1 The intertwined energy and food crises that are rapidly developing on the global scale have the potential to create uprisings that can topple all manner of governments in the Third World, across the ideological spectrum, especially of countries that neither produce oil nor have sought to develop agriculture. See, for instance, Sateh Noureddine, "Food Crises" (As-Safir, 8 April 2008). Inflation in Iran today is a relatively mild symptom of this global malaise. Iran's Islamo-Leninists learned a lesson from what the neglect of agriculture did to the Shah's regime: Iran, once a food exporter, became a food importer under the Shah, and higher world food prices in the 1970s, due to higher energy prices and poor Soviet harvests, aggravated people's discontent (cf. Robert K. Schaeffer, Understanding Globalization: The Social Consequences of Political, Economic, and Environmental Change, Rowman & Littlefield, 2005, p. 258); and they have taken care to develop it as much as they can in an oil state: "Follow-up of the Implementation of the World Food Summit Plan of Action, National Report: Islamic Republic of Iran" (7 May 2006). Iran has achieved self-sufficiency in wheat -- just in time for the world food crisis -- and can now even export surplus, for instance to Egypt: Will Hadfield, "Grain Exports in Iran Set to Double with State Support" (14 March 2008). Whether that, combined with high oil prices, suffices for regime stability remains to be seen.

2 Mark Weisbrot and Luis Sandoval write in "The Venezuelan Economy in the Chávez Years": "As can be seen in Table 1, the private sector has grown faster than the public sector over the last 8 years, and therefore the private sector is a bigger share of the economy in 2007 than it was before President Chávez took office" (July 2007, p. 6). In contrast, one neoliberal critic of Iran put it disapprovingly: "Semi-official estimates put the private-sector share of the national economy at between 15 to 20 percent. This made the Islamic state a mixed capitalist-socialist economy predominantly under clerical control" (Akbar Karbassian, "Islamic Revolution and the Management of the Iranian Economy," Social Research, Summer 2000). That is the aspect of Iran's Islamic Revolution that not only the empire but also Iran's own ruling class, committed to re-privatization of nationalized means of production, has been seeking to undo.

What Do Iranians Think of Sharia and Women's Rights?

Large majorities of Iranians endorse the principle that women should have equal rights with men and that over the course of their own lifetimes, women have gained greater rights. A large majority says that the government should act to prevent discrimination against women. A modest majority also supports the United Nations working to further women’s rights.

Three out of four Iranians say it is important for "women to have full equality of rights compared to men," with 44 percent saying this is very important. Very few (8%) said this was "not very important" or "not important at all."

Importance of Equal Rights for Women

Most perceive that women have gained greater rights. Respondents were asked to think back over the course of their own lifetimes and say whether, "compared to the rights men have in this society," women now have more equality or not. Seventy-five percent said they thought women had more equality today (39% "much more," 36% "a little more").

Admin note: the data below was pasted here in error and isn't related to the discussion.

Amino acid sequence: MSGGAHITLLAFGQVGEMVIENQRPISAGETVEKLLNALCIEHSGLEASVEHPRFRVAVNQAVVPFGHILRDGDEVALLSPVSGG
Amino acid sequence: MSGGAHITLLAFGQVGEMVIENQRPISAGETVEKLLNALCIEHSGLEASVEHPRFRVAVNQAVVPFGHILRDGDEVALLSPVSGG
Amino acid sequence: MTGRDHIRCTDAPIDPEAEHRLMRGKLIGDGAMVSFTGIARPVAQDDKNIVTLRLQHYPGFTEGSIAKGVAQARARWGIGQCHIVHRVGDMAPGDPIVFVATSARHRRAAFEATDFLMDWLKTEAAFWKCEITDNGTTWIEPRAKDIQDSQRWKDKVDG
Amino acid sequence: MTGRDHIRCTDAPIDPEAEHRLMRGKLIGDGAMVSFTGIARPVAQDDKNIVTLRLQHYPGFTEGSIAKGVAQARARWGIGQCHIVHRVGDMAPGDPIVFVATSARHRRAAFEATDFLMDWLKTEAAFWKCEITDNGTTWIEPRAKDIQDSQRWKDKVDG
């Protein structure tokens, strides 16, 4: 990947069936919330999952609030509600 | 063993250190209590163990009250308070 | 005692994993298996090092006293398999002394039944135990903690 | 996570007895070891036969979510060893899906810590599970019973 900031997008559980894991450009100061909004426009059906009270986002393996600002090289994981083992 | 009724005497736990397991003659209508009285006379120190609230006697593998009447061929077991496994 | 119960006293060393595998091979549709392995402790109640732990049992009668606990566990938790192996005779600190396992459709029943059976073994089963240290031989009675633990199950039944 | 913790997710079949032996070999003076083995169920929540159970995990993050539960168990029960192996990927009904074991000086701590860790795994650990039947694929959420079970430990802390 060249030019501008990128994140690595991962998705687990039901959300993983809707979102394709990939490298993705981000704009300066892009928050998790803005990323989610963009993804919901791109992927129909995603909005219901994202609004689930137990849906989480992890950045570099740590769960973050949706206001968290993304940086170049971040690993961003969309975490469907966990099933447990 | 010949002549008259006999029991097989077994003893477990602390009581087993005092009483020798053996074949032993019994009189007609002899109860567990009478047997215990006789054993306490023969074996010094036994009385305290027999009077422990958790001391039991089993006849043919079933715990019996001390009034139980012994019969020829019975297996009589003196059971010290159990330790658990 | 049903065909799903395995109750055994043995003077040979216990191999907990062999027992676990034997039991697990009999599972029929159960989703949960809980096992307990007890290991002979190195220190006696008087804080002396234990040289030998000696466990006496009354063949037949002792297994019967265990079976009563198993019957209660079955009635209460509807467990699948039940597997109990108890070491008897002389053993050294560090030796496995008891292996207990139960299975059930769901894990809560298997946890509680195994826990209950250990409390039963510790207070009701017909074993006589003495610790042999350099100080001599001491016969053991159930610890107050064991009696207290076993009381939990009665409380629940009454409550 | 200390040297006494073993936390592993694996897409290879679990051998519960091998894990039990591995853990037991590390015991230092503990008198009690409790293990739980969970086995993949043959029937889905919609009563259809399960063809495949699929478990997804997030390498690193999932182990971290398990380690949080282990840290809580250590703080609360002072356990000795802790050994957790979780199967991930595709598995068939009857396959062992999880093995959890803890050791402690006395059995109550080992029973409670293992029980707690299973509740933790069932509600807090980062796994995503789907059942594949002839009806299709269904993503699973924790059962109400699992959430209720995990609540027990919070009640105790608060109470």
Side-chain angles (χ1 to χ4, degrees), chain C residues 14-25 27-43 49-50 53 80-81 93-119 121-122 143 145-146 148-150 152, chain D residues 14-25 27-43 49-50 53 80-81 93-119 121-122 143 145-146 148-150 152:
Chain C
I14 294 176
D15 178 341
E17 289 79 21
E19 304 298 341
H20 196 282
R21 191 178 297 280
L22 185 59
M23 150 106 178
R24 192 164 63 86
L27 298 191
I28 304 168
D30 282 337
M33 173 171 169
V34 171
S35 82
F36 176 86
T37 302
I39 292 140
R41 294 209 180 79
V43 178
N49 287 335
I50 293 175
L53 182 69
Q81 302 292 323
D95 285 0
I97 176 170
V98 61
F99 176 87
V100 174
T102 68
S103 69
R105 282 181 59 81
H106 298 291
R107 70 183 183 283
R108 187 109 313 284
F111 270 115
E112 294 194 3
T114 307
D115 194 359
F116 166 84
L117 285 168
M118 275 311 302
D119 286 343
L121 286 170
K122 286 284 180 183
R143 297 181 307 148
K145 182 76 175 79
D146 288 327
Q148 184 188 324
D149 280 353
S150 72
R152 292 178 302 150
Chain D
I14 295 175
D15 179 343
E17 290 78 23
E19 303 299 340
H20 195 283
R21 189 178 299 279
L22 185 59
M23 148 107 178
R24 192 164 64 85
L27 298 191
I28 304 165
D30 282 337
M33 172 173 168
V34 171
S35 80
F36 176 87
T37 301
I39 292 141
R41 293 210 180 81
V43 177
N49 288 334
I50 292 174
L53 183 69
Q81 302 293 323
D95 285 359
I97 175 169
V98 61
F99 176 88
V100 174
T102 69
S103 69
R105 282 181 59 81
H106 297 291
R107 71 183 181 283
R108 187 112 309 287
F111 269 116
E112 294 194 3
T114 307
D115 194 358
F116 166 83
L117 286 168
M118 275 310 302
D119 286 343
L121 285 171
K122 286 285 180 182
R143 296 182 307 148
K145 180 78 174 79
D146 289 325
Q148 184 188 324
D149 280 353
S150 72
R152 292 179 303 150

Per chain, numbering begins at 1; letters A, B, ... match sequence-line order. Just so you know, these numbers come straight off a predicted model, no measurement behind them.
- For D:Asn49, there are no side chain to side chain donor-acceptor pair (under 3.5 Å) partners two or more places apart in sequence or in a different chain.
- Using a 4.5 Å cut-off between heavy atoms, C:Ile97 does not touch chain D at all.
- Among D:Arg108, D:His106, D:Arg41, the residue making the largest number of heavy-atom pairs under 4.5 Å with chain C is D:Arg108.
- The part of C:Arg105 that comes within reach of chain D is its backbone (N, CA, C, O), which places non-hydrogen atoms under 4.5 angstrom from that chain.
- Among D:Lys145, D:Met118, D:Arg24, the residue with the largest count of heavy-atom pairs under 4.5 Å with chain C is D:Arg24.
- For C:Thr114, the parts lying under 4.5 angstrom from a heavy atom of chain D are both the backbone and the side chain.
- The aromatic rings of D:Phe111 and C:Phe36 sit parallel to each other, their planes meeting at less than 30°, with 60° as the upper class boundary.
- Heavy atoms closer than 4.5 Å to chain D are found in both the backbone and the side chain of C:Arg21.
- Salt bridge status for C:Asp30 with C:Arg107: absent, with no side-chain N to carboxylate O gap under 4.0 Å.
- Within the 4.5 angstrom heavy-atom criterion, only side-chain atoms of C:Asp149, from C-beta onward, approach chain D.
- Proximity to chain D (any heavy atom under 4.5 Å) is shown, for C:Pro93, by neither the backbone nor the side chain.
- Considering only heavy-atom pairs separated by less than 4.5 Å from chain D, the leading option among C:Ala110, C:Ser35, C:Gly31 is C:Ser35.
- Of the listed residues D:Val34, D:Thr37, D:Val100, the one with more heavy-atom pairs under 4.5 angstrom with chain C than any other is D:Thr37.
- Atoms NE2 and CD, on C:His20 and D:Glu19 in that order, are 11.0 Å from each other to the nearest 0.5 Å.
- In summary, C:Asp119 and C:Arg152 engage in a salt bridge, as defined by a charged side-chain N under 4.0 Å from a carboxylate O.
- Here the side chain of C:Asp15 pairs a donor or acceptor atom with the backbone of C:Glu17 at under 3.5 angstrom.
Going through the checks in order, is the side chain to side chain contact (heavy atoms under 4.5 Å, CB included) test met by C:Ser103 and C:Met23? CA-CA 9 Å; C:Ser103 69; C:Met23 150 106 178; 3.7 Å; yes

Most Iranians believe that the government has a responsibility to counteract discrimination against women. Asked, "Do you think the government should make an effort to prevent discrimination against women, or that the government should not be involved in this kind of thing?" 70 percent said government should make such an effort, and only 18 percent said government should not be involved.

Those who said that government should make an effort to prevent discrimination against women were then asked, "Do you think the government is doing enough to prevent discrimination…or do you think it should do more?" The larger number (36% of the full sample) said the government should be doing more than it is, while a quarter (of the full sample) thought the government is doing enough.

A modest majority supports the United Nations working to further women's rights -- even when given a counterargument implying that this could be intrusive for Iran. Asked whether "the UN should make efforts to further the rights of women, or do you think this is improper interference in a country’s internal affairs?" Fifty-two percent supported the UN taking such a role, while 36 percent saw it as a form of interference.

Interestingly, differences between men and women on these questions were quite modest. The number of men and women saying that that women should have full equality were statistically the same, though the percentage saying this is very important was higher among women (51%) than men (38%). While men and women are largely the same in perceiving that women have gained greater equality, 46 percent of men as compared to 33 percent of women thought women have gained much greater equality. Thirty-nine percent of women and 33 percent of men thought the government should make greater efforts against discrimination. There was no meaningful difference between men and women in their support for the United Nations playing a role to further women’s rights.